Ex-Proud Boys leader charged in Capitol riot to stay jailed until trial

Henry "Enrique" Tarrio smokes a cigarette.
Proud Boys leader Henry “Enrique” Tarrio at a 2020 rally in Portland, Ore.
(Allison Dinner / Associated Press)

The former top leader of the Proud Boys will remain jailed while awaiting trial on charges that he conspired with other members of the far-right group to attack the U.S. Capitol and stop Congress from certifying Joe Biden’s victory in the 2020 presidential election, a federal judge has ruled.

Henry “Enrique” Tarrio poses a danger to the public that cannot be mitigated by home detention and banning him from using social media, U.S. District Judge Timothy Kelly said in an order issued late Friday.

Tarrio, a south Florida resident, has been jailed since his arrest on March 8, a day after his indictment on charges including conspiracy. A federal magistrate in Miami previously ordered his pretrial detention.


Tarrio and other Proud Boys leaders used encrypted channels, social media and other electronic communications to plan and carry out a plot to storm the Capitol on Jan. 6, 2021, and interfere with the congressional certification of the electoral college vote, the indictment alleges.

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Tarrio asked Kelly to order his release on bond, but the judge refused, saying the evidence against the former Proud Boy is “very strong” despite Tarrio’s argument that authorities do not have “a smoking gun” against him, such as “direct evidence of an order from Tarrio to other Proud Boys to storm the Capitol.”

Tarrio was not in Washington during the insurrection. Police had arrested him in the District of Columbia two days beforehand and charged him with vandalizing a Black Lives Matter banner at a historic Black church during a protest in December 2020. A judge ordered Tarrio to stay out of the nation’s capital.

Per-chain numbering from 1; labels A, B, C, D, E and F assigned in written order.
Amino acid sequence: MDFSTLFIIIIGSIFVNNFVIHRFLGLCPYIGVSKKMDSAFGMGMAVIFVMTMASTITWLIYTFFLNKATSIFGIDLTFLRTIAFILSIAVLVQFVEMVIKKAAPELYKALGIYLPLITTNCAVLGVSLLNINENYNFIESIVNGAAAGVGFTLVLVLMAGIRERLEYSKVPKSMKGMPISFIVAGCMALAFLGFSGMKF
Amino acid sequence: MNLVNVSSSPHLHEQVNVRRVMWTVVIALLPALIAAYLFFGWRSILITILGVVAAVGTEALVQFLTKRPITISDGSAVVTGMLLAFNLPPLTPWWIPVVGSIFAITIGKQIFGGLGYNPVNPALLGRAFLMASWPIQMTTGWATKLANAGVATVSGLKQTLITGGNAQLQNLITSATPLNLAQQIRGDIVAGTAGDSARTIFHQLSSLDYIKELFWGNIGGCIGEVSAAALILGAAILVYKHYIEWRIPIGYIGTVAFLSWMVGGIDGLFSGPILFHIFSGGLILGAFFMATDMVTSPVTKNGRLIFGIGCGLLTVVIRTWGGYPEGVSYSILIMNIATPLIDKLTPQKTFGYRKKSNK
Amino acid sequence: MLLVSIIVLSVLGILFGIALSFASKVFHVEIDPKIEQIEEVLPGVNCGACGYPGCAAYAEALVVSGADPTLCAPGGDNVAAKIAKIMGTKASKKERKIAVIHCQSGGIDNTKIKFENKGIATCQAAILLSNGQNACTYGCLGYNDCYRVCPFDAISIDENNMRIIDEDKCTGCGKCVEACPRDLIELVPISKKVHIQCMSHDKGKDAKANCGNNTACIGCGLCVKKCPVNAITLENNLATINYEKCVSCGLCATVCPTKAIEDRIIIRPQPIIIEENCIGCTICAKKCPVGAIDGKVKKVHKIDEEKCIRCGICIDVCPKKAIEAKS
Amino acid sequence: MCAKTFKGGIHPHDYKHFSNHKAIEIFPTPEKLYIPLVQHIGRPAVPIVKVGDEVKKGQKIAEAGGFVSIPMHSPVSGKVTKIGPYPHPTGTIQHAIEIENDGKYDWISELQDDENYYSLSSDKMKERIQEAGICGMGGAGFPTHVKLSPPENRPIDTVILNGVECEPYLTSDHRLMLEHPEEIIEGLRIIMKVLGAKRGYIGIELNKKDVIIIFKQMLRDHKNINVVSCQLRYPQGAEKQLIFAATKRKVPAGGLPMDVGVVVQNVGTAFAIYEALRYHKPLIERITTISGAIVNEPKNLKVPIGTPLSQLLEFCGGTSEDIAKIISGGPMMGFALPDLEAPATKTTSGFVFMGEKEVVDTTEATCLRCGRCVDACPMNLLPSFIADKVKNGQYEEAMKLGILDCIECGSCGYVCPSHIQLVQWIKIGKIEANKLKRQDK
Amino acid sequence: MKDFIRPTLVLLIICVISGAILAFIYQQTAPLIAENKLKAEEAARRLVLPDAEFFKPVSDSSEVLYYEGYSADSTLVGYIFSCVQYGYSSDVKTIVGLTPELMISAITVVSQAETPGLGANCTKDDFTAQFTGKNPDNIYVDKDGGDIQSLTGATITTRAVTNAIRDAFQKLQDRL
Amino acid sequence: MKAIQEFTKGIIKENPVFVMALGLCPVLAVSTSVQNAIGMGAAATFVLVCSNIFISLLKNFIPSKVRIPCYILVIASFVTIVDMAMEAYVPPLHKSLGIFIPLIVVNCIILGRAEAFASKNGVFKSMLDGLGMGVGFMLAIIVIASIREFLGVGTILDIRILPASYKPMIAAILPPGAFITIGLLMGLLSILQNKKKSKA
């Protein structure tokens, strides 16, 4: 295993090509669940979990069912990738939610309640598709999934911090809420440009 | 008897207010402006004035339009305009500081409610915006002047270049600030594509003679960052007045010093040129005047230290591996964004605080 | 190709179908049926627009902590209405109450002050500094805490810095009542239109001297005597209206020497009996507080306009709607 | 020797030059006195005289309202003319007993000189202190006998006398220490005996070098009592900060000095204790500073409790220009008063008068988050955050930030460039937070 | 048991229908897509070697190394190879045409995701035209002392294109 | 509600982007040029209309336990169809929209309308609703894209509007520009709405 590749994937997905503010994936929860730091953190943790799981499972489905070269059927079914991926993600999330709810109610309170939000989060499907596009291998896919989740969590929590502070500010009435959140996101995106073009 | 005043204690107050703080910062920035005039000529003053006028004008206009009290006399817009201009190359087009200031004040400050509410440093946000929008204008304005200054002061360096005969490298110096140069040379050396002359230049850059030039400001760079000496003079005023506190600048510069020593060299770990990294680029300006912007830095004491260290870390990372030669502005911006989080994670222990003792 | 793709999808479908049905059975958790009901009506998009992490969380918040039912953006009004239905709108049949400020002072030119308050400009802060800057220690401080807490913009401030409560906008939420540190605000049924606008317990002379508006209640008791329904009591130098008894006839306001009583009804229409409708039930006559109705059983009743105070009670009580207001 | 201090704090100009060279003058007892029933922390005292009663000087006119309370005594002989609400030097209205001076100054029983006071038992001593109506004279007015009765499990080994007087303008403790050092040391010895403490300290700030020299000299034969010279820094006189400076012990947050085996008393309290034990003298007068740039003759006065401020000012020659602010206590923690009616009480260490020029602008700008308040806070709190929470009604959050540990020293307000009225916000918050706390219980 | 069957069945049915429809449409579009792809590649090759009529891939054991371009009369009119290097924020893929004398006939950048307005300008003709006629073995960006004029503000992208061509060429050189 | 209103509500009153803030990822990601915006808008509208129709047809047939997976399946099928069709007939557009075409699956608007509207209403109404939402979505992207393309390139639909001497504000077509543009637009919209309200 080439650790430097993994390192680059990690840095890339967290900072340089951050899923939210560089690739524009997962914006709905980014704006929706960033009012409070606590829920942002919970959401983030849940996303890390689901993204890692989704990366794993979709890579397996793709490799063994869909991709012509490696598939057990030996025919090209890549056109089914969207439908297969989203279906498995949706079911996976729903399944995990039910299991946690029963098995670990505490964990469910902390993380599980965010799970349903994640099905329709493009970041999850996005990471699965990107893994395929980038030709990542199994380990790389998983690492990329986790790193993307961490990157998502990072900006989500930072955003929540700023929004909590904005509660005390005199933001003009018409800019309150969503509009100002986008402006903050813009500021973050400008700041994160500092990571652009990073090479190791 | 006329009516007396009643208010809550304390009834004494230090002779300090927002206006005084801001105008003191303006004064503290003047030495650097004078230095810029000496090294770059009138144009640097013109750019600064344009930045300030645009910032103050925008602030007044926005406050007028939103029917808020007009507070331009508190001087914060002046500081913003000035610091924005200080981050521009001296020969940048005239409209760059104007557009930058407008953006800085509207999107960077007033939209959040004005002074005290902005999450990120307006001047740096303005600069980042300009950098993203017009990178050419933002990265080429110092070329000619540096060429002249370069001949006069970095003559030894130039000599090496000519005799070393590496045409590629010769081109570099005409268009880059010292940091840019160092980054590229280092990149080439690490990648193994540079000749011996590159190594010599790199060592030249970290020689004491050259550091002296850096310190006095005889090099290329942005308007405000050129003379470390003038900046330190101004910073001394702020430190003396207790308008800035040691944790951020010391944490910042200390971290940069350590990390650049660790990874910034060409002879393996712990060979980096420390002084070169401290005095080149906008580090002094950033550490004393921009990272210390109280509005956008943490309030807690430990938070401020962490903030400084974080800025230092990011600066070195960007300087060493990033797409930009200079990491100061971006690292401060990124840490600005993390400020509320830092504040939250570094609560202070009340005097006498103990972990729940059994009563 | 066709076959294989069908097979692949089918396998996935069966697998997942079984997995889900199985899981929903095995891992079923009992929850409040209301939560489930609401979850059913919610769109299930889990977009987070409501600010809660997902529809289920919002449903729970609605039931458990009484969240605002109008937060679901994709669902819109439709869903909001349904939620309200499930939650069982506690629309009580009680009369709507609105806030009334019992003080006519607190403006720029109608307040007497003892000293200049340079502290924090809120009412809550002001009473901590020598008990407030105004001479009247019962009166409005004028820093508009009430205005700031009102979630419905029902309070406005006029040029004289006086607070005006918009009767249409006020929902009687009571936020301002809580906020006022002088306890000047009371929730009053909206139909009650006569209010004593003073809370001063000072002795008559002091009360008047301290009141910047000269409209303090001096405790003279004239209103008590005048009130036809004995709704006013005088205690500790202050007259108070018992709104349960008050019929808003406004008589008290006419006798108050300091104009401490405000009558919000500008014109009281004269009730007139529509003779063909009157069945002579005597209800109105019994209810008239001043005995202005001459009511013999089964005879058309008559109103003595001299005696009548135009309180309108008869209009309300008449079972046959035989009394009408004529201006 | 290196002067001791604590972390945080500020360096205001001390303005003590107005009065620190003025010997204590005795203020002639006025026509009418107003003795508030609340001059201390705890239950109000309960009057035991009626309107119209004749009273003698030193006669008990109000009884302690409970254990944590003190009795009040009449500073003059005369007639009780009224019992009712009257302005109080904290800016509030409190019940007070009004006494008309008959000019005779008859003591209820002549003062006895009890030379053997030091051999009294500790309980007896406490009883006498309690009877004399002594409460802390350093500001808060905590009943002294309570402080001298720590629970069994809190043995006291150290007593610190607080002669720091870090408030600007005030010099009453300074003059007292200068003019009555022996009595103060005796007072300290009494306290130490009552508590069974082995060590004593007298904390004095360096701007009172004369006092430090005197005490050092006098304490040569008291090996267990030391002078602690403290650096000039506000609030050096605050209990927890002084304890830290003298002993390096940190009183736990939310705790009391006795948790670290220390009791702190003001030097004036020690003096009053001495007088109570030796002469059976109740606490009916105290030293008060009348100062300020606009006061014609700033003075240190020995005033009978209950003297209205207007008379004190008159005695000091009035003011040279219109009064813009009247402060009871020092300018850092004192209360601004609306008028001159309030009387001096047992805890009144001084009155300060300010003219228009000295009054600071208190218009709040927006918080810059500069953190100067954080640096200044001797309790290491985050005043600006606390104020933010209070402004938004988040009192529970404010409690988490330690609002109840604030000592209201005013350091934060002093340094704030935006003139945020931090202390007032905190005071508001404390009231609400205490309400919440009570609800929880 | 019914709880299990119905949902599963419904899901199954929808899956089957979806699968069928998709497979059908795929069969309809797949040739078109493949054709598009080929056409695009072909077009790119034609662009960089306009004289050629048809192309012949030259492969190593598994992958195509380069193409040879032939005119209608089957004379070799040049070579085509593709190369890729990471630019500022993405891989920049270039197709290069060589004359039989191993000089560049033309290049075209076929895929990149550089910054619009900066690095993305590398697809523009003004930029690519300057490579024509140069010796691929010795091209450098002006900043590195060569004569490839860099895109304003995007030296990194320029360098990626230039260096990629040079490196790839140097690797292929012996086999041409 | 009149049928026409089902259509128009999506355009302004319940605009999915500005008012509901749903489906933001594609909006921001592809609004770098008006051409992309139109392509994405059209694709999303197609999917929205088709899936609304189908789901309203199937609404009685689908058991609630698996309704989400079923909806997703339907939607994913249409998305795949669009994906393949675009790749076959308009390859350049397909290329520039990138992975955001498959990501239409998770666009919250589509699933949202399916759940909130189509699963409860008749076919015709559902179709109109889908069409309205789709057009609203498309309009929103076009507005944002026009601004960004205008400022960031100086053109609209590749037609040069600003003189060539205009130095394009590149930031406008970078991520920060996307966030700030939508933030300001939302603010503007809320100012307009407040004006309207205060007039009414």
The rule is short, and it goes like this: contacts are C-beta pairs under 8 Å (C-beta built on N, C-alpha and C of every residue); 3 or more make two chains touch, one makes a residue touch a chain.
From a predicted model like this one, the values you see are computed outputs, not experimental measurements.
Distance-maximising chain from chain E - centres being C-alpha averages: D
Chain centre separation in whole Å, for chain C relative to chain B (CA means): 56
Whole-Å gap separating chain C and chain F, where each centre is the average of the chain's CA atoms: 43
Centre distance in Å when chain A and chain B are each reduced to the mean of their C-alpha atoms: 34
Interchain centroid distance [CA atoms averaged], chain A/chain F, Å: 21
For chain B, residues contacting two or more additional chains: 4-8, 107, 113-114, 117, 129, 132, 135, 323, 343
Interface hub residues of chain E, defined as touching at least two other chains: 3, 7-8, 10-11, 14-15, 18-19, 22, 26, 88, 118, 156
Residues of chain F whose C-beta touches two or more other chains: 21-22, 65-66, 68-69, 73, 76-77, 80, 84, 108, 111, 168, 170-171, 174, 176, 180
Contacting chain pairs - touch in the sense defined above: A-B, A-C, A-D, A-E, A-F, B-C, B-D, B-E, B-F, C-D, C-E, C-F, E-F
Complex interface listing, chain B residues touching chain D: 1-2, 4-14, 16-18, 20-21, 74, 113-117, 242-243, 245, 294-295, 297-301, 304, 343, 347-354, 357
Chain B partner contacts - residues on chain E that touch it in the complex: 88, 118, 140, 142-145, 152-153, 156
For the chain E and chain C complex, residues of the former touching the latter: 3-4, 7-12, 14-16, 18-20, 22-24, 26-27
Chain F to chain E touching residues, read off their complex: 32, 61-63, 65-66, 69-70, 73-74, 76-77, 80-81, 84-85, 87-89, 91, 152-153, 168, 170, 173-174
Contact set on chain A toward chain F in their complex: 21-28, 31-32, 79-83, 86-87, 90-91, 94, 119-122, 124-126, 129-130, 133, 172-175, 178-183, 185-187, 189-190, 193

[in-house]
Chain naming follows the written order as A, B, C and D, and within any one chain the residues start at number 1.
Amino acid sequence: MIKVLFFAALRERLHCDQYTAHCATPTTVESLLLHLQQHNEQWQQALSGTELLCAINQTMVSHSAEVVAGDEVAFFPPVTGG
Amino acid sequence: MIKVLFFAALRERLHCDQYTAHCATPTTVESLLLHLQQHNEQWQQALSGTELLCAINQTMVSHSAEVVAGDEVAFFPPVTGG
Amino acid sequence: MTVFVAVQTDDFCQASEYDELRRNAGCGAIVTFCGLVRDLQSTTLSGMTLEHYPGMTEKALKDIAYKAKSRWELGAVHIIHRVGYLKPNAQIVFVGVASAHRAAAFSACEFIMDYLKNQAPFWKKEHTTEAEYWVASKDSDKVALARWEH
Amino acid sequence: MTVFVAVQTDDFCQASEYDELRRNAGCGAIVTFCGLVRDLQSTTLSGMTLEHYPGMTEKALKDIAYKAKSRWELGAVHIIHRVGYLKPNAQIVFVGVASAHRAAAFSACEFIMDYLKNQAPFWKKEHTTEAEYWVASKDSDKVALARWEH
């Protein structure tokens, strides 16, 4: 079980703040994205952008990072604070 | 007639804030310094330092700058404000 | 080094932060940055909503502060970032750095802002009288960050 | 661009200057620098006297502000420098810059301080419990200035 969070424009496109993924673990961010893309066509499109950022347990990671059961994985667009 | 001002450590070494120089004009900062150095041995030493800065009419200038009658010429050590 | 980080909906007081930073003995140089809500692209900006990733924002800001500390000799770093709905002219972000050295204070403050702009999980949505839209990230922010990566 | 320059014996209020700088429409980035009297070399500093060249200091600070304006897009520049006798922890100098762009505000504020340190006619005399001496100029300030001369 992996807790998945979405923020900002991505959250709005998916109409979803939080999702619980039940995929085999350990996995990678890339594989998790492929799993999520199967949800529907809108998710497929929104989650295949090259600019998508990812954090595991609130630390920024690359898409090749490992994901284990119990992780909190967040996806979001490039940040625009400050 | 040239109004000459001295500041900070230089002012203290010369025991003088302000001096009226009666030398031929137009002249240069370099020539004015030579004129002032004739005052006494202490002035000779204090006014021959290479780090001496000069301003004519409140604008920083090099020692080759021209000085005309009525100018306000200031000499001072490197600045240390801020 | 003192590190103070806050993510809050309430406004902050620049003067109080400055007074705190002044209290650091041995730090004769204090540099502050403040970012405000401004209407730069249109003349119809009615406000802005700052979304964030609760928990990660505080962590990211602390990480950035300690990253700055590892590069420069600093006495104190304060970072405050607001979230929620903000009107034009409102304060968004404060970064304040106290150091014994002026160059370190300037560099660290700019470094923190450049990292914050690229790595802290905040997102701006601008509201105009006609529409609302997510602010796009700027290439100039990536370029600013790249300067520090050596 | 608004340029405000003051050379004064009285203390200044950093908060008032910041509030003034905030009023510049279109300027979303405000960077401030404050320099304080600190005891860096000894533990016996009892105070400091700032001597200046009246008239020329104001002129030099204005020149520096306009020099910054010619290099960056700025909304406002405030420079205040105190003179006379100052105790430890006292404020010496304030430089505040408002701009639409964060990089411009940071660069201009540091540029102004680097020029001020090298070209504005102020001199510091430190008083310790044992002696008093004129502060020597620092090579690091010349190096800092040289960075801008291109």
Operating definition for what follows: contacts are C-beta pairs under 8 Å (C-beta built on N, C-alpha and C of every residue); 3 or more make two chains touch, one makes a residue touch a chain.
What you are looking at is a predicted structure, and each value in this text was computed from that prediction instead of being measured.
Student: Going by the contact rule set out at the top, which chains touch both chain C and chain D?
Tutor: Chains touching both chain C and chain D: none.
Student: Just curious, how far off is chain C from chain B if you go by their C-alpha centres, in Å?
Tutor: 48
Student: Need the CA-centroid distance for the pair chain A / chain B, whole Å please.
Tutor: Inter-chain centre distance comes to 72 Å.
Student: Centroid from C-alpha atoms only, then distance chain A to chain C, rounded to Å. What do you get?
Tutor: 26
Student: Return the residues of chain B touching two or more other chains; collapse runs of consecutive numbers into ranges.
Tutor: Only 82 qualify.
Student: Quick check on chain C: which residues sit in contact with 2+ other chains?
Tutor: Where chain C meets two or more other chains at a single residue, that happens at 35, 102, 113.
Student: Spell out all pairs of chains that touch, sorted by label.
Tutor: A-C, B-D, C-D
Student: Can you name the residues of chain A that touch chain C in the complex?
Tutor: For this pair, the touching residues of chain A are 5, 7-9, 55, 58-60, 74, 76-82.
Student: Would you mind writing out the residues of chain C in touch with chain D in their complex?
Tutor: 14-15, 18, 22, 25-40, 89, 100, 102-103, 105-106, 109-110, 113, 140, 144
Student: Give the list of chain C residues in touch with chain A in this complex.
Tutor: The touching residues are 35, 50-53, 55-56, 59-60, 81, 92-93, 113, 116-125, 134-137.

Before he left Washington, Tarrio met with Oath Keepers founder and leader Elmer “Stewart” Rhodes and others in a parking garage for about 30 minutes, authorities say. Rhodes and several other members or associates of the anti-government Oath Keepers militia group are charged with seditious conspiracy in the Capitol attack.

A documentary filmmaker recorded part of the garage meeting.

“But not much about the substance of the meeting can be gleaned from the clips — at one point, Tarrio and others motion for the filmmaker to stop,” Kelly noted in his order.

Tarrio says he has stepped down as the Proud Boys’ national chairman.

Five other men linked to the Proud Boys — Ethan Nordean, Joseph Biggs, Zachary Rehl, Charles Donohoe and Dominic Pezzola — were charged in the same March 7 indictment as Tarrio.


Donohoe, 34, of Kernersville, N.C., pleaded guilty in April to conspiracy and assault charges and has agreed to cooperate in the Justice Department’s cases against other members of the Proud Boys.

Nordean, Biggs, Rehl and Pezzola also remain jailed while awaiting a trial scheduled for August.

Nordean, of Auburn, Wash., was a Proud Boys chapter president. Biggs, of Ormond Beach, Fla., has described himself as a Proud Boys organizer. Rehl was president of the Proud Boys chapter in Philadelphia. The indictment describes Pezzola, of Rochester, N.Y., as a member of his local Proud Boys chapter.

Tarrio tried to communicate with Nordean and Biggs by phone while the two men were moving in and out of the Capitol, the indictment says.